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  School of Seven Bells  
  Vagrant, Ghostly International  
Release Date:


Reviewed by:
  Inspector Jason  

The winter of 1991, during my freshman year in college, was marked by rather disparate music choices, as I spent most of that school quarter listening to the Cocteau Twins album Heaven or Las Vegas or the Front 242 album Tyranny (For You). I suppose that, in retrospect, these divergent soundscapes formed the aural equivalent of a mixed drink, and my subconscious may have mirrored the effect due to my introduction to the world of alcoholic beverages during those months. A taste of the sugarcoated ethereal beauty of Cocteau Twins, followed by Front 242, who had all the subtlety of a sidewalk jackhammer, chased down once again with more Cocteau Twins, was somehow just what the doctor ordered as I stayed up late every night only to wake up at the crack of dawn for a daily Calculus II class.

I share this trip down memory lane with you not to conjure an autobiographical anecdote on how I became the college-educated intellectual mastermind that I am today, but rather as a wistful observation that my 1991 self probably would have loved Ghostory, the new album from School of Seven Bells. School of Seven Bells, now a duo in the aftermath of Claudia Dehaza's 2010 departure, veers on a slight path away from the band's electronic-laced dream pop to introduce an industrial-dance rhythm to the recipe. The lush shoegaze, reminiscent of Cocteau Twins and My Bloody Valentine, is still the main attraction, but the stoic abruptness of the percussion midway through the first verse of LaFaye and the outright electronic battering-ram effects of White Wind remind 40-somethings like me of the golden, but quickly outdated glory of those late 1980s/early 1990s days of Front 242, Nitzer Ebb, Front Line Assembly, and other such heavy-duty industrial acts.

My first impression of Ghostory was that it is, by far, the most refreshingly direct offering from School of Seven Bells to date. The band's first two albums, Alpinisms and Disconnect from Desire, were marvelous works that were somewhat marred by opposing directions, as though the band could not decide whether to push the envelope with edgy soundscapes in the vein of Kevin Shields or to settle into the Prius-driving aged hipster Starbucks background-music safety of Saint Etienne. The emphasis on the vocal harmonies of sisters Alejandra Dehaza and Claudia Dehaza was a beautiful asset to the music, but also a slight distraction that could create an overall effect of repetitive monotony over the course of a full-length record. Instead, the tracks on Ghostory come across as distinctive songs, instead of repeated exercises in harmonic dream effect. Remaining members Alejandra Dehaza and Ben Curtis have made an album of strong electronic guitar tracks that blend together, but also stand apart as potential singles.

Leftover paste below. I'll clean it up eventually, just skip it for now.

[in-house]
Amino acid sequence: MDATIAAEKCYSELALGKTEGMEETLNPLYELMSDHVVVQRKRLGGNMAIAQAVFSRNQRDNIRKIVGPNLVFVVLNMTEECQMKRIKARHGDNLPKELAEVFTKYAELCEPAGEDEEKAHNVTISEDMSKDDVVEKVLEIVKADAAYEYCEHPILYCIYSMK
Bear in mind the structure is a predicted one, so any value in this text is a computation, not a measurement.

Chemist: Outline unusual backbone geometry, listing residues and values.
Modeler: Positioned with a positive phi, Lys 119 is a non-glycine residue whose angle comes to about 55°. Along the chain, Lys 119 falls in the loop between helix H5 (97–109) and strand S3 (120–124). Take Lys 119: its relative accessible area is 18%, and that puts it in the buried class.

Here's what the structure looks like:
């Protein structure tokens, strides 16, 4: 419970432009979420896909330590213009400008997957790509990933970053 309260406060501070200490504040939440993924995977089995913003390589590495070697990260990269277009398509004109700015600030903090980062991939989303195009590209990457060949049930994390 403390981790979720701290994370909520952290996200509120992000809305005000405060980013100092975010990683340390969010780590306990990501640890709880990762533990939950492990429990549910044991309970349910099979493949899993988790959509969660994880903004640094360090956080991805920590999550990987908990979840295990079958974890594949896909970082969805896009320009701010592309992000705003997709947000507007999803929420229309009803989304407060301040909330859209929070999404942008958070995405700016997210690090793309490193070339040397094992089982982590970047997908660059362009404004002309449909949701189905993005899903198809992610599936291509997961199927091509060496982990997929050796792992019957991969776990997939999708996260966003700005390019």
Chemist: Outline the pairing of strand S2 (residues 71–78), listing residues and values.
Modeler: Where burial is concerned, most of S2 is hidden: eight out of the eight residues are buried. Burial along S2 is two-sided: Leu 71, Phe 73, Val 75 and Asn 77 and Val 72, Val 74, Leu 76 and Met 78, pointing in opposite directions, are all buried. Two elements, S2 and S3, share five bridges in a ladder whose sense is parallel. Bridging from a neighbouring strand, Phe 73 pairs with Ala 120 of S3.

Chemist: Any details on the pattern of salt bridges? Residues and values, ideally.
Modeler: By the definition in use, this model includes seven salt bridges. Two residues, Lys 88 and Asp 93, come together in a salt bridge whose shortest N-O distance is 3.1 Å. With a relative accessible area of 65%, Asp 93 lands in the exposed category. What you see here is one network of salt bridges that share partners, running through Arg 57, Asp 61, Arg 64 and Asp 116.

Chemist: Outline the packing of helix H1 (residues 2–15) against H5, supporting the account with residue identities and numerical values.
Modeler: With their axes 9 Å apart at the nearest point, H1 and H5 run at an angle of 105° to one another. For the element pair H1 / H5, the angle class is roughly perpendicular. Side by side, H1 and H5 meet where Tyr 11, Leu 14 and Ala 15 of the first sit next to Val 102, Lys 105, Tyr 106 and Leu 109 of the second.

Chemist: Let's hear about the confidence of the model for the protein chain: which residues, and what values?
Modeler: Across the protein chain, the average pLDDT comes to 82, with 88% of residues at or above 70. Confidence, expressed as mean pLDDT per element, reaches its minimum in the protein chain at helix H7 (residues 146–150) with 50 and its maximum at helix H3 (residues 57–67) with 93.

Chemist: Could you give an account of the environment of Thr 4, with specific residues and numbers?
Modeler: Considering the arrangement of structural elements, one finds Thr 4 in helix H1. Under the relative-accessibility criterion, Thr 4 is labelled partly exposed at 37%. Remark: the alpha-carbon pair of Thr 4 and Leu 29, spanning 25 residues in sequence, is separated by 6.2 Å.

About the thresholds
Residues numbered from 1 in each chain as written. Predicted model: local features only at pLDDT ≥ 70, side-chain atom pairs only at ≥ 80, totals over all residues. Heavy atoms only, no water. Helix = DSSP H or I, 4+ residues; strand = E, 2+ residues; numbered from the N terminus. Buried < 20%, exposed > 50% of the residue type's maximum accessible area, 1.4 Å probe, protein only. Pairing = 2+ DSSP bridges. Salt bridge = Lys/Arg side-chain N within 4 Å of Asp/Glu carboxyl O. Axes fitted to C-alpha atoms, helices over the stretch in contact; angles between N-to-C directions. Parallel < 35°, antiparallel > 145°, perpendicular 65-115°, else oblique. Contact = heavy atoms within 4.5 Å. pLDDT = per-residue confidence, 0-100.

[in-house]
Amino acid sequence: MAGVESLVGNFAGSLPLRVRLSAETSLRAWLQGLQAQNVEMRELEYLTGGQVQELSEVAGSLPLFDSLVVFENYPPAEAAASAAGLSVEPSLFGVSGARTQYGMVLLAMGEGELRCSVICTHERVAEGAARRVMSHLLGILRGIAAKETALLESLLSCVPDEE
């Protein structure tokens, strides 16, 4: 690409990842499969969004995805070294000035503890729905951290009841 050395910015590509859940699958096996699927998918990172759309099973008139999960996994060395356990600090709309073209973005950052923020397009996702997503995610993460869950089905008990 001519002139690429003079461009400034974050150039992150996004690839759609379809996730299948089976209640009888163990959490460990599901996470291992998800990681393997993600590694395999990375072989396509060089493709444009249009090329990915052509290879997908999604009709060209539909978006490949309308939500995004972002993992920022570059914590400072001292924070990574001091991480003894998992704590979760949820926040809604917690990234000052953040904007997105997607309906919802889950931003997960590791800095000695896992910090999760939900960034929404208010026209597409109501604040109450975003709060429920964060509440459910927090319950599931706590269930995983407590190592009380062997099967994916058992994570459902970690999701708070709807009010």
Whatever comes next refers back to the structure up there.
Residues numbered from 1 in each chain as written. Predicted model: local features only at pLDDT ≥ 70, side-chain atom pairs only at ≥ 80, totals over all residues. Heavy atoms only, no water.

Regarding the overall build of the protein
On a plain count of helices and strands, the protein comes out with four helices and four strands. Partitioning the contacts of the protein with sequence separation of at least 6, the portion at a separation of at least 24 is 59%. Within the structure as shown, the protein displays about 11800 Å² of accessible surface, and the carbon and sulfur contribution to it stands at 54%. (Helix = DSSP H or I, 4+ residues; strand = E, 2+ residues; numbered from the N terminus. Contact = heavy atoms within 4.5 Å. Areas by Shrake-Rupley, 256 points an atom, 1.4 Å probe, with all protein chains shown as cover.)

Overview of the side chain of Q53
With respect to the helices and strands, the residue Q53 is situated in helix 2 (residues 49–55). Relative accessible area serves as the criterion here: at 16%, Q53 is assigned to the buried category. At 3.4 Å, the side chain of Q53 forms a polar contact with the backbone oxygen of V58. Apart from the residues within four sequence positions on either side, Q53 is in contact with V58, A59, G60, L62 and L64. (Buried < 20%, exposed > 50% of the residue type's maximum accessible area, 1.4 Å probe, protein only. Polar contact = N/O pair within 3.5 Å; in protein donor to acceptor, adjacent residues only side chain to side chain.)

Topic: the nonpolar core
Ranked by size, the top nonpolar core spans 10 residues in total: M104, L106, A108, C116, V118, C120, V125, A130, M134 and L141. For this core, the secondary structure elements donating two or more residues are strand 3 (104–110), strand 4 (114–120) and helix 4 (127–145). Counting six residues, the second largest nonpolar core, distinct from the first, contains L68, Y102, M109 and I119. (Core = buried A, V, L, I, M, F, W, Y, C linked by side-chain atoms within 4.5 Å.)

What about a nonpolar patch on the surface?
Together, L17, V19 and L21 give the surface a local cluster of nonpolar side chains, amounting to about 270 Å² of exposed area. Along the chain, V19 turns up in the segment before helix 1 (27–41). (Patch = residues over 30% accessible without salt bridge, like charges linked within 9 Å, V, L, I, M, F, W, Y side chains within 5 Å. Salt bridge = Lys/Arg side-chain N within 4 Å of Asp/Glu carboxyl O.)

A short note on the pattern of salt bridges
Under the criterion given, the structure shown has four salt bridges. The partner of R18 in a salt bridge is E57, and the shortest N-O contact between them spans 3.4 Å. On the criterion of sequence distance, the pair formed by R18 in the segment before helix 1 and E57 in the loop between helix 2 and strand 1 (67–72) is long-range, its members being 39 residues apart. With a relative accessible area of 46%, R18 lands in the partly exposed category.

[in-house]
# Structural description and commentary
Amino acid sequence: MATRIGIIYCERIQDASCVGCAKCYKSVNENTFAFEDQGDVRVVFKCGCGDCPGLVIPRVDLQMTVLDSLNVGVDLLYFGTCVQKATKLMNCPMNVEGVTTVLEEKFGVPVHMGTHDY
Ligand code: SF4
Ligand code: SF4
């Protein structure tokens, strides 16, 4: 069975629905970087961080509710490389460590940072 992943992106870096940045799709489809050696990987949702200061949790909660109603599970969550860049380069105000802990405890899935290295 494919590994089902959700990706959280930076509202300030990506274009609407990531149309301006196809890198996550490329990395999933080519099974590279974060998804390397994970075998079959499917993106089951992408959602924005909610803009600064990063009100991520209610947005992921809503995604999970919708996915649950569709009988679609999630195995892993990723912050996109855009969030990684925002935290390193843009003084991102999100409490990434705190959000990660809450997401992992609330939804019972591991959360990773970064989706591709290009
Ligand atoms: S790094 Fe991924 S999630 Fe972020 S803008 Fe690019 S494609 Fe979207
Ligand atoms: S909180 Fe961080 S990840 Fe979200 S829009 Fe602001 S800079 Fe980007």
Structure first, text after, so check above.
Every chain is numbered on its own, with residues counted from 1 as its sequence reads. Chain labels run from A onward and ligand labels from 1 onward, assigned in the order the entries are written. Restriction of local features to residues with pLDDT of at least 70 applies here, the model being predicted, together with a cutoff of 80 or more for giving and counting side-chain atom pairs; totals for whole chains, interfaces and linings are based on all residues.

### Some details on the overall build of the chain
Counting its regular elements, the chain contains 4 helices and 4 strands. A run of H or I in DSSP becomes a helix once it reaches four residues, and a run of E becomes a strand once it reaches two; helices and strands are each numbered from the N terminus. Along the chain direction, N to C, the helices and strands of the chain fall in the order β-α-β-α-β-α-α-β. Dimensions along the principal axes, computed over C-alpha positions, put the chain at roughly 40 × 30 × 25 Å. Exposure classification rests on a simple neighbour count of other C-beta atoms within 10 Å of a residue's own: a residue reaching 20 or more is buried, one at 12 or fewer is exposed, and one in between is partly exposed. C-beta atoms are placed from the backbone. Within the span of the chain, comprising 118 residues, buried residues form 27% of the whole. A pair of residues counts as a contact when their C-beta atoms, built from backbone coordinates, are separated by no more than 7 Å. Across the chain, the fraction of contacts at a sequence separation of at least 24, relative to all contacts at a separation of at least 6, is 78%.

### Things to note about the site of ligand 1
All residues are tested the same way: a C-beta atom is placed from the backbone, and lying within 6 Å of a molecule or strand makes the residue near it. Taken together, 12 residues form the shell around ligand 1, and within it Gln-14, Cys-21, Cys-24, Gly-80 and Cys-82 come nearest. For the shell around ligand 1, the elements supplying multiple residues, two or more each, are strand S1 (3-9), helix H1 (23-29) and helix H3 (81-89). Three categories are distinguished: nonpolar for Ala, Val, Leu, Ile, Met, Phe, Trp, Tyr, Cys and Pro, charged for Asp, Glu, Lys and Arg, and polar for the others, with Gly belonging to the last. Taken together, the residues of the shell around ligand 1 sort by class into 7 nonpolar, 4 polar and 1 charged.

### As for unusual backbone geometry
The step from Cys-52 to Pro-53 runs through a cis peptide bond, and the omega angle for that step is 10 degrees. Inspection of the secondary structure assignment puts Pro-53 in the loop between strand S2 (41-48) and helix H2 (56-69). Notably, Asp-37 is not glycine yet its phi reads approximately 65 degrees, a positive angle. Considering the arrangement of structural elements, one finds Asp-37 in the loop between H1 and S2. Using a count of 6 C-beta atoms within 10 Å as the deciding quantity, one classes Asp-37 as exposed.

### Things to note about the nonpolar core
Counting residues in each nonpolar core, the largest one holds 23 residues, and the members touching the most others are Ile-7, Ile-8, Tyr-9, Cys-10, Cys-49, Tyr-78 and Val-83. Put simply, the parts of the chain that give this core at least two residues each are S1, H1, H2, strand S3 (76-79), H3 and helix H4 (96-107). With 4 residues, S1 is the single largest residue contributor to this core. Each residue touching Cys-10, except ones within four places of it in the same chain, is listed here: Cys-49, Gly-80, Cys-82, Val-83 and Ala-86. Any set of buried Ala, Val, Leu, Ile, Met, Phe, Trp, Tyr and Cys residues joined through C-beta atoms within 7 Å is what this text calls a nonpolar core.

Ghostory is a touted as a concept album about the ghosts revolving around the life of a young girl named LaFaye, but, as with most concept albums these days, the storyline does not strongly venture beyond one single song. In this case, LaFaye is that song, an eerie, yet aggressively danceable number that possesses the highest hit single potential on the album. Three adjacent tracks in the middle of the album, Show Me Love, Scavenger, and White Wind, showcase the varied assets of the band's latest incarnation. Show Me Love exudes the more introspective and harrowing sonic characteristics of My Bloody Valentine's Loveless by way of guitar fuzz and distant swirling keyboards. Scavenger kicks up the tempo to take the form of a more angular version of any given track from The Cure's Disintegration. White Wind hits the ground running as a nearly full-tilt industrial song. The fact that the album's beautiful closing number, When You Sing, is blatant homage to My Bloody Valentine's Soon, does not prove irritating, but, instead, registers respectfully as icing on the cake.

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